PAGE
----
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ardent

[ahr-dnt]
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adjective
  1. having, expressive of, or characterized by intense feeling; passionate; fervent: an ardent vow; ardent love.
  2. intensely devoted, eager, or enthusiastic; zealous: an ardent theatergoer. an ardent student of French history.
  3. vehement; fierce: They were frightened by his ardent, burning eyes.
  4. burning, fiery, or hot: the ardent core of a star.
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Origin of ardent

1325–75; < Latin ārdent- (stem of ārdēns, present participle of ārdēre to burn), equivalent to ārd- burn + -ent- -ent; replacing Middle English ardant < Middle French
Related formsar·dent·ly, adverbar·den·cy [ahr-dn-see] /ˈɑr dn si/, ar·dent·ness, noun

Synonyms

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1. fervid, eager, impassioned. 2. avid.
Dictionary.com Unabridged Based on the Random House Unabridged Dictionary, © Random House, Inc. 2018

Examples from the Web for ardency

Historical Examples


British Dictionary definitions for ardency

ardent

adjective
  1. expressive of or characterized by intense desire or emotion; passionateardent love
  2. intensely enthusiastic; eageran ardent longing
  3. glowing, flashing, or shiningardent eyes
  4. rare burningan ardent fever
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Derived Formsardency, nounardently, adverb

Word Origin

C14: from Latin ārdēre to burn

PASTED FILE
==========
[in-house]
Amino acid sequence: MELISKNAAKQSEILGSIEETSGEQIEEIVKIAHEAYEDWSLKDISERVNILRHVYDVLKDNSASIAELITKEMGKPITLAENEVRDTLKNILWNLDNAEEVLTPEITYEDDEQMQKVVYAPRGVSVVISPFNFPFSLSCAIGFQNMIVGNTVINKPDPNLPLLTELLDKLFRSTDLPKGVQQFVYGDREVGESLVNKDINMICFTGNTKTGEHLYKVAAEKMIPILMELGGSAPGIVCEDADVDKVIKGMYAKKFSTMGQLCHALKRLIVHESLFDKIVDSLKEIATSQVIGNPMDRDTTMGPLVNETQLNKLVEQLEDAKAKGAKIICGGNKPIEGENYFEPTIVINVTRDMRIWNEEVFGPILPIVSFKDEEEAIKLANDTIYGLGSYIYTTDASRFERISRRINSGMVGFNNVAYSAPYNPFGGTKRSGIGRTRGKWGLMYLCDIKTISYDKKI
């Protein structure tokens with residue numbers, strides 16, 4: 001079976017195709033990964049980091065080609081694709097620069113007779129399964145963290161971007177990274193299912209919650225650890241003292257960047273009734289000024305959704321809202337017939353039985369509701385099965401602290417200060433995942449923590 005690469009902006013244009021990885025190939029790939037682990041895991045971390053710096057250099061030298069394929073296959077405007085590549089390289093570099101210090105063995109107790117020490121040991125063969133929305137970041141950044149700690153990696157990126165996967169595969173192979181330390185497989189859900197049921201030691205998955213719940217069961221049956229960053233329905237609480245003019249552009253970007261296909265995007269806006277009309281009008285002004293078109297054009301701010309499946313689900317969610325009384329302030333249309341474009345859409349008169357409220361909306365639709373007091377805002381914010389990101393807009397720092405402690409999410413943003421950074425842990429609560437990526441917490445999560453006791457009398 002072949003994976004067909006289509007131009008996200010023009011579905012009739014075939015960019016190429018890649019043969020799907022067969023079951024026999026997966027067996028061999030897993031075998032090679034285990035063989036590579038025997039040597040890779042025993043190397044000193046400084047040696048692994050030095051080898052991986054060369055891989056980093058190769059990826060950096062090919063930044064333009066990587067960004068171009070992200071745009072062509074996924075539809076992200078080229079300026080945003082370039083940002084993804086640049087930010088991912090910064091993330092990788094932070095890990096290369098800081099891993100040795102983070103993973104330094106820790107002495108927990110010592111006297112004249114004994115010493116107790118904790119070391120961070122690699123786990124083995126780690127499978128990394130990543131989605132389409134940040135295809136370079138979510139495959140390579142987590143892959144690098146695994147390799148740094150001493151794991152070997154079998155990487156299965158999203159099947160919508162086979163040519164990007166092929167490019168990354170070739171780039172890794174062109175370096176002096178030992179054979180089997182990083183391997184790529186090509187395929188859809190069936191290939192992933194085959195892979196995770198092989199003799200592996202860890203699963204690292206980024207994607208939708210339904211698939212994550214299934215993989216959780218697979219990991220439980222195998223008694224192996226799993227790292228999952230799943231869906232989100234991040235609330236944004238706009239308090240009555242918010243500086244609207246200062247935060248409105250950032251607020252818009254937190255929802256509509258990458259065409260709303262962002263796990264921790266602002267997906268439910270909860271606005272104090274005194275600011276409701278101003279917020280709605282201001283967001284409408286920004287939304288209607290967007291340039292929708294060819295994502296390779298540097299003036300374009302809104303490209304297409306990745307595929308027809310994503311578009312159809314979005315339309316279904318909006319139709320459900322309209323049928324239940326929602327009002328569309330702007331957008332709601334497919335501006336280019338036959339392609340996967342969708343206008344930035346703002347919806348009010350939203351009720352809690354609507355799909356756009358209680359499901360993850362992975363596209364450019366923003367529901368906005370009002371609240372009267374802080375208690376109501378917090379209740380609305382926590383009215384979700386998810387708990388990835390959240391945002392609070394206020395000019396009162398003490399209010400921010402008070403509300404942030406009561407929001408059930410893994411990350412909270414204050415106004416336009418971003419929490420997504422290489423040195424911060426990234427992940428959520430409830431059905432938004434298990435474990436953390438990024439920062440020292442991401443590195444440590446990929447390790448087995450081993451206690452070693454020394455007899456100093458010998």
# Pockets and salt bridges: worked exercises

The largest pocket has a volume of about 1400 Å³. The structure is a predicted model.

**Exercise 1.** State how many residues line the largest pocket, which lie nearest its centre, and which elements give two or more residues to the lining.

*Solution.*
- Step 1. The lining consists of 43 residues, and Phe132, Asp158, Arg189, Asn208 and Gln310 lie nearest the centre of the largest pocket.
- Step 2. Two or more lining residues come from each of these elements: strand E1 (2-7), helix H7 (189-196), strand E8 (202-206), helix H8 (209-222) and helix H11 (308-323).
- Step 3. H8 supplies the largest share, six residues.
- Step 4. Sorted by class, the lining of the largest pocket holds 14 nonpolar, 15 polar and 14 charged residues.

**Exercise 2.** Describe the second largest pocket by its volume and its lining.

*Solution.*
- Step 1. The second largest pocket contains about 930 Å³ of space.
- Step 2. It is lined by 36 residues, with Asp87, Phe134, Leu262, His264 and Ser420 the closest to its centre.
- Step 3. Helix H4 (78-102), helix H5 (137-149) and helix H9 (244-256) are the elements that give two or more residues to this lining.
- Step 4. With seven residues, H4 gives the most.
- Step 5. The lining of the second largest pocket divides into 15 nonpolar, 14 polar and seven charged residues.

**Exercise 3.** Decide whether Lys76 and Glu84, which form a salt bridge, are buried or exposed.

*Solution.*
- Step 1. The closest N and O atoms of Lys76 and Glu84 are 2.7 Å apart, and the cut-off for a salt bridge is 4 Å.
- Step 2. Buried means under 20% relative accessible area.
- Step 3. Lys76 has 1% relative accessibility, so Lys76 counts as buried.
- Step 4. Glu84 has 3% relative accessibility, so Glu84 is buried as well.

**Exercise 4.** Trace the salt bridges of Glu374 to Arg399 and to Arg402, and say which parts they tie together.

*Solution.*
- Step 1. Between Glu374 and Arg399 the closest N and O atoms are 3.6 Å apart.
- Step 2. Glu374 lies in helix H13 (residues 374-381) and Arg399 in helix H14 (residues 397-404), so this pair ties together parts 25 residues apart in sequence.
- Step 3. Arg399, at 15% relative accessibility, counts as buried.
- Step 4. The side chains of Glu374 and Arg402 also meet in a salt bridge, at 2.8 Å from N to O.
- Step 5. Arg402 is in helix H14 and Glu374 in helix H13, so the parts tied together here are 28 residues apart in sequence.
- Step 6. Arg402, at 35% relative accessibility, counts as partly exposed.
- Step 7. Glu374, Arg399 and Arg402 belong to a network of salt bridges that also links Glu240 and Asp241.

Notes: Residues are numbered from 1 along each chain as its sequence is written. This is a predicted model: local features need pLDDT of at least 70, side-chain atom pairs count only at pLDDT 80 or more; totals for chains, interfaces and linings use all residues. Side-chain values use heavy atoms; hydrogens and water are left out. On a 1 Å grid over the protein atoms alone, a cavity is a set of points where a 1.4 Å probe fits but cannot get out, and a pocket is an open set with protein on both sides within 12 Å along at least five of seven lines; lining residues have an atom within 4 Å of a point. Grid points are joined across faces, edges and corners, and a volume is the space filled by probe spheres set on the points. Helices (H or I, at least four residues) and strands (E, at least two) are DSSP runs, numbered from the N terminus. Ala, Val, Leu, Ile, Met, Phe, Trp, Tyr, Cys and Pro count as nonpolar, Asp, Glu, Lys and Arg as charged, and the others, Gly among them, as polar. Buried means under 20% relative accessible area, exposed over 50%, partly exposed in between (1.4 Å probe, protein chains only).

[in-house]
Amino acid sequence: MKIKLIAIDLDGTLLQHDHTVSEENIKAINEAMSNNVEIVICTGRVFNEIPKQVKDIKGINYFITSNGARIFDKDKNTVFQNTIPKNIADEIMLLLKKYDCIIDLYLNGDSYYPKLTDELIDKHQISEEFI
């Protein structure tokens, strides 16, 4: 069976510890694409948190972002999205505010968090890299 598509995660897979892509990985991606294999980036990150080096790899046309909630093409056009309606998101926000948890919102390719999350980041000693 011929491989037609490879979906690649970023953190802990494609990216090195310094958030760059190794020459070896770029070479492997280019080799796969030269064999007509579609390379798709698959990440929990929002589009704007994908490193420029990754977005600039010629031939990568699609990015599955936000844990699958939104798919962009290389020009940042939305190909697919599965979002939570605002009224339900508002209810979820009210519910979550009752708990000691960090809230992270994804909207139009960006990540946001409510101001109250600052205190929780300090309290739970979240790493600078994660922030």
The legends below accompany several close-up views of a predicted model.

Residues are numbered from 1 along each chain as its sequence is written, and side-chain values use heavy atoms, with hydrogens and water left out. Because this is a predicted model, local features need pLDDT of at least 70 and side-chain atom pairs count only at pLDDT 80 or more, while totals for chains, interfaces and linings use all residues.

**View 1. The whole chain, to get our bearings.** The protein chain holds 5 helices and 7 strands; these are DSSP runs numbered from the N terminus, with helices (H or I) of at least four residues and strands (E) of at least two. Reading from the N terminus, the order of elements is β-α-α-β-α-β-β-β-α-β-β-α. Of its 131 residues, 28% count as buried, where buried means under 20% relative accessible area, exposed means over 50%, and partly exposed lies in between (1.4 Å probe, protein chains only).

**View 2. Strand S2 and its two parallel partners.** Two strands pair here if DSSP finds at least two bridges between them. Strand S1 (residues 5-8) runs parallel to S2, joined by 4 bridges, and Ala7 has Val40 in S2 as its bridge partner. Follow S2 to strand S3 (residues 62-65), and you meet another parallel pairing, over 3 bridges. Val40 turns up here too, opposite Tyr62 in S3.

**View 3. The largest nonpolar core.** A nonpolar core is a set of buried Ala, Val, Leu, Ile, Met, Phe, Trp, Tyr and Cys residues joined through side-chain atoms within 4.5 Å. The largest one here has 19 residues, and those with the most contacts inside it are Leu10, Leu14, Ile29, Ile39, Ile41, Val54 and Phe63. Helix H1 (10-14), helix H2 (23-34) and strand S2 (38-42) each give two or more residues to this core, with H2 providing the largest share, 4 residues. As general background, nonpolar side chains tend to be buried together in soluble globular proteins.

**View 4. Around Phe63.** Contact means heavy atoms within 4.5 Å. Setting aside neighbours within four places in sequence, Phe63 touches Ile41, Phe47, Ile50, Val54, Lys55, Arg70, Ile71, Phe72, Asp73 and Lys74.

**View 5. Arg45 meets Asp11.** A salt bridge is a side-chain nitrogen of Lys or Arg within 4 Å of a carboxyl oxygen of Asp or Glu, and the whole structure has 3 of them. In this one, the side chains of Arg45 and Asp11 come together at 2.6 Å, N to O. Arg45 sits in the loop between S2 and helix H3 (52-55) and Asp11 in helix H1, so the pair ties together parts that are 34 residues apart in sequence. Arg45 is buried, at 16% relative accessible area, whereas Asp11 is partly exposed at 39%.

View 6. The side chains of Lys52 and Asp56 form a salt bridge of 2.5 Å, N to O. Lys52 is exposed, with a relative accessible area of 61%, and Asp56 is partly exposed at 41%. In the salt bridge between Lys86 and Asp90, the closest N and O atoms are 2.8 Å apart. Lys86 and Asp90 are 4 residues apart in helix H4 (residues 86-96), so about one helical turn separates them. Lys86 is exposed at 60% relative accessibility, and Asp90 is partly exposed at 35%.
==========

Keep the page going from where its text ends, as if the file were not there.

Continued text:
Collins English Dictionary - Complete & Unabridged 2012 Digital Edition © William Collins Sons & Co. Ltd. 1979, 1986 © HarperCollins Publishers 1998, 2000, 2003, 2005, 2006, 2007, 2009, 2012

Word Origin and History for ardency

n.

1540s, "warmth of feeling, desire," from ardent + -cy. A figurative sense, the literal meaning "intensity of heat" wasn't attested in English until 1630s.

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ardent

adj.

early 14c., of alcoholic distillates, brandy (ardent spirits), etc., from Old French ardant (13c.) "burning, hot; zealous," from Latin ardentem (nominative ardens) "glowing, fiery, hot, ablaze," also used figuratively of passions, present participle of ardere "to burn," from PIE root *as- "to burn, glow" from PIE root *as- "to burn, glow" (cf. Old English æsce "ashes;" see ash (n.1)).

Ardent spirits (late 15c.) so called because they are inflammable, but the term now, if used at all, probably is felt in the figurative sense. The figurative sense (of "burning with" passions, desire, etc.) is from late 14c.; literal sense of "burning, parching" (c.1400) remains rare. Related: Ardently.

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Online Etymology Dictionary, © 2010 Douglas Harper